• Let go of shallow interactions

    “There’s a human tendency to feel like you’re pulling more than your fair share of the weight.” That was the opening line of a piece by Lisa Earle McLeod, a writer who graces the Guard opinion page from time to time. But how accurate those …

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  • Scarlett O’Hara likely not best role model

    I was 10 or so, and TBS or TNT had decided to air “Gone with the Wind” as they often did (and still do). I can only blame my dad, who liked the film, but probably never guessed the impression it would leave on his …

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  • Another mystery surrounds guidestones

    I know it’s not Halloween yet, but boy do I have a spooky story! The Georgia Guidestones is a mysterious granite monument in a pasture in Elberton, Georgia and was erected in 1980 by a mysterious man. Engraved on the monument walls are what appeared …

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  • The price of a truck, tools and an extra pair of hands

    It’s really helpful when I need to borrow a truck, tools, or an extra pair of hands to have someone I can call, beg or steal from. Therefore, it is important that I remain on friendly terms with my X. That said, I have one …

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  • Where’s the operating manual for toddlers?

    Babies (and toddlers) really should come with parenting manuals. Sure, there are tons of parenting and well-child books out there, but they don’t address specific actions, such as those by our toddler. We have decided Kaylee is more industrious than many of the experts and …

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  • New home, new owner

    (Cue country tune of “I’m Not Lisa” by Jessi Colter.) I’m not JoAnn. My name is Lacy. I moved in a few weeks ago. ——— “I hope you keep it (the yard) up just as good as JoAnn did,” one man commented to me from …

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  • Outrageous news headlines that are actually real!

    I have become a news junkie and it’s probably pretty obvious judging by my latest columns. I can’t help it though. I am shocked at most of the things I read about and feel compelled to share them. I have found many people are oblivious …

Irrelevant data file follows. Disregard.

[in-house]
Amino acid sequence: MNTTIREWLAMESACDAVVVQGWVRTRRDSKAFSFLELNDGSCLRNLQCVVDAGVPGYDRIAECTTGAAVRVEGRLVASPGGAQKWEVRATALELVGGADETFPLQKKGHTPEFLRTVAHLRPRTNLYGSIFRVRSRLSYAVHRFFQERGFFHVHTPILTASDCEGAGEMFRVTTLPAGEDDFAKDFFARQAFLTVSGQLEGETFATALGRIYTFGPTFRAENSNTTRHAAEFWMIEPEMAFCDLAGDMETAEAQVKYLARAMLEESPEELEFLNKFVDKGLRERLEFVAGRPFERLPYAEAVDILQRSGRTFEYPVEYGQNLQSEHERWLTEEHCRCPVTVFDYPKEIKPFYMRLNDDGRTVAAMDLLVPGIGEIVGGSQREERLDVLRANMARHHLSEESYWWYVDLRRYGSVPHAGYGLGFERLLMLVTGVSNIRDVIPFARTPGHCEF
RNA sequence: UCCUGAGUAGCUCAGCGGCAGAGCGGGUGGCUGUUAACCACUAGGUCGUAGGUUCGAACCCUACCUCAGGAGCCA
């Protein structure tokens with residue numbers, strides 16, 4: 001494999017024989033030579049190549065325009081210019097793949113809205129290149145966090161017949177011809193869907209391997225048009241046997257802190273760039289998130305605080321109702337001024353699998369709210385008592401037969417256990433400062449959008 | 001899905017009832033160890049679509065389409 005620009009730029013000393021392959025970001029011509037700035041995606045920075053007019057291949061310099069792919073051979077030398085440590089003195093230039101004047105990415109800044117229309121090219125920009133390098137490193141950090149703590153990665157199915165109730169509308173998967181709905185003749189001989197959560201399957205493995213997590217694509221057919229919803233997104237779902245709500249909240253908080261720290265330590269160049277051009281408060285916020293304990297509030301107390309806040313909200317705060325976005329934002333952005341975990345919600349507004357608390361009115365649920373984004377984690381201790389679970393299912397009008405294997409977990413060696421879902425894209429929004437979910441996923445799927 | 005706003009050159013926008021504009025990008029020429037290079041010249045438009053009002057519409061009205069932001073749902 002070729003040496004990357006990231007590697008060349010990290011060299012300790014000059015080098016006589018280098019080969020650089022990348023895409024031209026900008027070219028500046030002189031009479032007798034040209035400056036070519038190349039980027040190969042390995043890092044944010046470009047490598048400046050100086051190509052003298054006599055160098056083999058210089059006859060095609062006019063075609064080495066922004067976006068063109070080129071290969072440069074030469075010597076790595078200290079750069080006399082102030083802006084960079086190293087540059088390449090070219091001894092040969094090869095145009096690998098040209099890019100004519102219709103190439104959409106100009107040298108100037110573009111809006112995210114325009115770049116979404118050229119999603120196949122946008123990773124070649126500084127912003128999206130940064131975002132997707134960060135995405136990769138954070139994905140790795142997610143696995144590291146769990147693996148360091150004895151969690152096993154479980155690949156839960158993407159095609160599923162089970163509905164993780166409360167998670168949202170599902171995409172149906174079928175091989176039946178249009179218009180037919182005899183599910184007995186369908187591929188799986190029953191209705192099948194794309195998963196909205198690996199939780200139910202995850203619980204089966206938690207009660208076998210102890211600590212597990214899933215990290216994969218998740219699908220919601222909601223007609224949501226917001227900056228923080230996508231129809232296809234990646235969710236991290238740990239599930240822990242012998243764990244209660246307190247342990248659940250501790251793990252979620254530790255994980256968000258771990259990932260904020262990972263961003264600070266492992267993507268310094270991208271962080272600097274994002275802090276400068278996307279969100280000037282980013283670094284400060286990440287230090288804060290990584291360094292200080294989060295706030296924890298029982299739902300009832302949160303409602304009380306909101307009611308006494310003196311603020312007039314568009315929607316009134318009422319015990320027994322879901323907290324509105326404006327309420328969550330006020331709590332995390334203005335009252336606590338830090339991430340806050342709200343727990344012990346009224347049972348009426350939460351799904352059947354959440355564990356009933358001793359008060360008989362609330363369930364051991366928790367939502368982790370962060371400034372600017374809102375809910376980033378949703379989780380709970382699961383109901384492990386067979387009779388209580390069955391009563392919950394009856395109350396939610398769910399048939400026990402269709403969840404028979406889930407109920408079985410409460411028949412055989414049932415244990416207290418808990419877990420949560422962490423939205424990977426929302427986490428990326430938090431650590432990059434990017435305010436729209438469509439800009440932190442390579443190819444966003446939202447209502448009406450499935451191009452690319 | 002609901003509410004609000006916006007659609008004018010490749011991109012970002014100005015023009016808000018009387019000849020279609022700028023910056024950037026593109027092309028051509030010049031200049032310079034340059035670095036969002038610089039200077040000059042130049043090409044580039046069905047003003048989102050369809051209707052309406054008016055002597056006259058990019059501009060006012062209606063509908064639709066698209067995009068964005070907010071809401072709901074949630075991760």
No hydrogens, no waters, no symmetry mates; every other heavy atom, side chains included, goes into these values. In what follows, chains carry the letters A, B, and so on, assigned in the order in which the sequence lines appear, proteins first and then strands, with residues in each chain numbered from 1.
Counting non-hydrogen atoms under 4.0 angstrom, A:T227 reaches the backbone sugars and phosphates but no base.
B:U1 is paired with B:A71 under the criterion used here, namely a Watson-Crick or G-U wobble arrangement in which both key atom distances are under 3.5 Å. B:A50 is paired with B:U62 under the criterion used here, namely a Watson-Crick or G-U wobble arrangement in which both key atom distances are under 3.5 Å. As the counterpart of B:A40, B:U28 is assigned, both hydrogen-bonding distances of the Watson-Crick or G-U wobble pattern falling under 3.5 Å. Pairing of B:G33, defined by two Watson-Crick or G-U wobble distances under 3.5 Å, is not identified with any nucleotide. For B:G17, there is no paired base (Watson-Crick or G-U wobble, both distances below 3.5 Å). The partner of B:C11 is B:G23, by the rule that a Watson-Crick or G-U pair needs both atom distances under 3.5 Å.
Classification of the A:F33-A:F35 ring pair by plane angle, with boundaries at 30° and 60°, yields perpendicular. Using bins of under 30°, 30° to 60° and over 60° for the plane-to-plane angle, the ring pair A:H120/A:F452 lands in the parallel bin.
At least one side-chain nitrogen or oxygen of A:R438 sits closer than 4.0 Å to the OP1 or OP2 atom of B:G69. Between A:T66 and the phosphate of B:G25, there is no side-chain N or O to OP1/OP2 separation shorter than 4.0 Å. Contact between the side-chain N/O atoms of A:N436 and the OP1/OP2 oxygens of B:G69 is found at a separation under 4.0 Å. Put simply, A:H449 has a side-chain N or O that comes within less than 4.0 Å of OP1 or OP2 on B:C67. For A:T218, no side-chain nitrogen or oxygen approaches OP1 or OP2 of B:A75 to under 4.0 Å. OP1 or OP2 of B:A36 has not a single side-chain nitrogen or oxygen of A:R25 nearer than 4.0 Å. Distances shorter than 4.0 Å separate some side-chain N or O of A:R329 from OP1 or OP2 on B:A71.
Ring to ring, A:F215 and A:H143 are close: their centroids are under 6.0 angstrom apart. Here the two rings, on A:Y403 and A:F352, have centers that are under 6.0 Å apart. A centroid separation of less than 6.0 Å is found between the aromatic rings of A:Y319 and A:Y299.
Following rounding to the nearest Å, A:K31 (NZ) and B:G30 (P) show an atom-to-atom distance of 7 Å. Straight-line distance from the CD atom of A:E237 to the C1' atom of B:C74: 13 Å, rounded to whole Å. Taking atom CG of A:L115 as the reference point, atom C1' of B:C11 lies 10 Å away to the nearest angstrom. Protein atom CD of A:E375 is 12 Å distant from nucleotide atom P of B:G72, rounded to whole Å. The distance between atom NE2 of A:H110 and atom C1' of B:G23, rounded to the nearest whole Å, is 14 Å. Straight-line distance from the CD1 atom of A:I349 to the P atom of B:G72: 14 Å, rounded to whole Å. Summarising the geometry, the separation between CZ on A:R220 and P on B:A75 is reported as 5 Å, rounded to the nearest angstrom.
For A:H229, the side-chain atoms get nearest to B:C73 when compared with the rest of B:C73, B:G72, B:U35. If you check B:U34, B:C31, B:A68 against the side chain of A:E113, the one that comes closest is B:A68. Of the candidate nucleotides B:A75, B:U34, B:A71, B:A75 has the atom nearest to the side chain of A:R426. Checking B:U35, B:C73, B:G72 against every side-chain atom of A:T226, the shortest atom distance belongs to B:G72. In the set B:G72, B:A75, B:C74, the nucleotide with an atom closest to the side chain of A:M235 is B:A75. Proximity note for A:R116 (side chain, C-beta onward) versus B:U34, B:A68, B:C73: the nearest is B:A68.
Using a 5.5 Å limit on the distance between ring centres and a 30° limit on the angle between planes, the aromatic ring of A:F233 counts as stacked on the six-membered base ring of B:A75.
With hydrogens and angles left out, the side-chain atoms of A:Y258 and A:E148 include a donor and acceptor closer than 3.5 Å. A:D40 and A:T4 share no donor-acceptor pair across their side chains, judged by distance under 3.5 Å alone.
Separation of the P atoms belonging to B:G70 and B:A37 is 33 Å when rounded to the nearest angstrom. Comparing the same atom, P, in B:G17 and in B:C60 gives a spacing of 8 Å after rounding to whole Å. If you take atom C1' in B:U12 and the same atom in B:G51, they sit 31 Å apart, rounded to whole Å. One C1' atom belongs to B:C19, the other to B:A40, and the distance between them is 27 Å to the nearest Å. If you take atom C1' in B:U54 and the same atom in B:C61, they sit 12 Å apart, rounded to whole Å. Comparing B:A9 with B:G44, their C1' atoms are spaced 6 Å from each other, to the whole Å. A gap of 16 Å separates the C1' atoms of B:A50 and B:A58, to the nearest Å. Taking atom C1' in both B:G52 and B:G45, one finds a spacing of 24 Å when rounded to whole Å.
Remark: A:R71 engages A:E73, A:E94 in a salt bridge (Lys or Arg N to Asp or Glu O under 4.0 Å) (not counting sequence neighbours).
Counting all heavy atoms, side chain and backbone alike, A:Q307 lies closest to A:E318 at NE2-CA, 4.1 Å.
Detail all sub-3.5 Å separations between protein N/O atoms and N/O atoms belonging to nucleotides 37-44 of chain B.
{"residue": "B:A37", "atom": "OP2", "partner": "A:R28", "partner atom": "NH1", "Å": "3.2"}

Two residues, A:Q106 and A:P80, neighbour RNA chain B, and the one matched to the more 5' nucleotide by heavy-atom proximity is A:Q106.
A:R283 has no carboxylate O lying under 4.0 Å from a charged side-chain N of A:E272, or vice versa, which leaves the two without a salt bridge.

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  • Yellow hair in early New England

    Some history is more mystery than history. We don’t know what kind of “pestilence” struck the slash and burn farmers who occupied the area where the Mayflower’s colonists settled. When they reached Cape Cod, they stopped and on Nov. 11, 1620, they went ashore on …

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  • Advertising our failures

    Isn’t it funny how we try to fix things after they are beyond fixing? That idea rang true when we were talking shop at the office and how people claim they don’t have money to advertise their business, but magically come up with it when …

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  • Northwest Passage mystery closer to being solved

    Last week it was announced a piece of Canada mythology — and “one of the world’s most important shipwrecks” had been found. The shipwreck is one of the two doomed ships from the 1845 Franklin Expedition in the Arctic, found in a part of the …

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  • When tolerance isn’t a two-way street

    How is it that one group must be tolerant of another’s beliefs or be called racist but the other cannot do the same? How is displaying a cross on one’s football helmet encroaching on a non-Christian’s beliefs? Last week, a Facebooker, whose name was hidden …

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  • CDC scientist admits altering data linking immunizations to autism

    There’s been a long-standing suspicion that vaccines could be linked to autism and recently a scientist unveiled what many may see as a smoking gun. On Aug. 27 Dr. William Thompson, a senior scientist at Centers for Disease Control and Prevention, admitted to omitting statistically …

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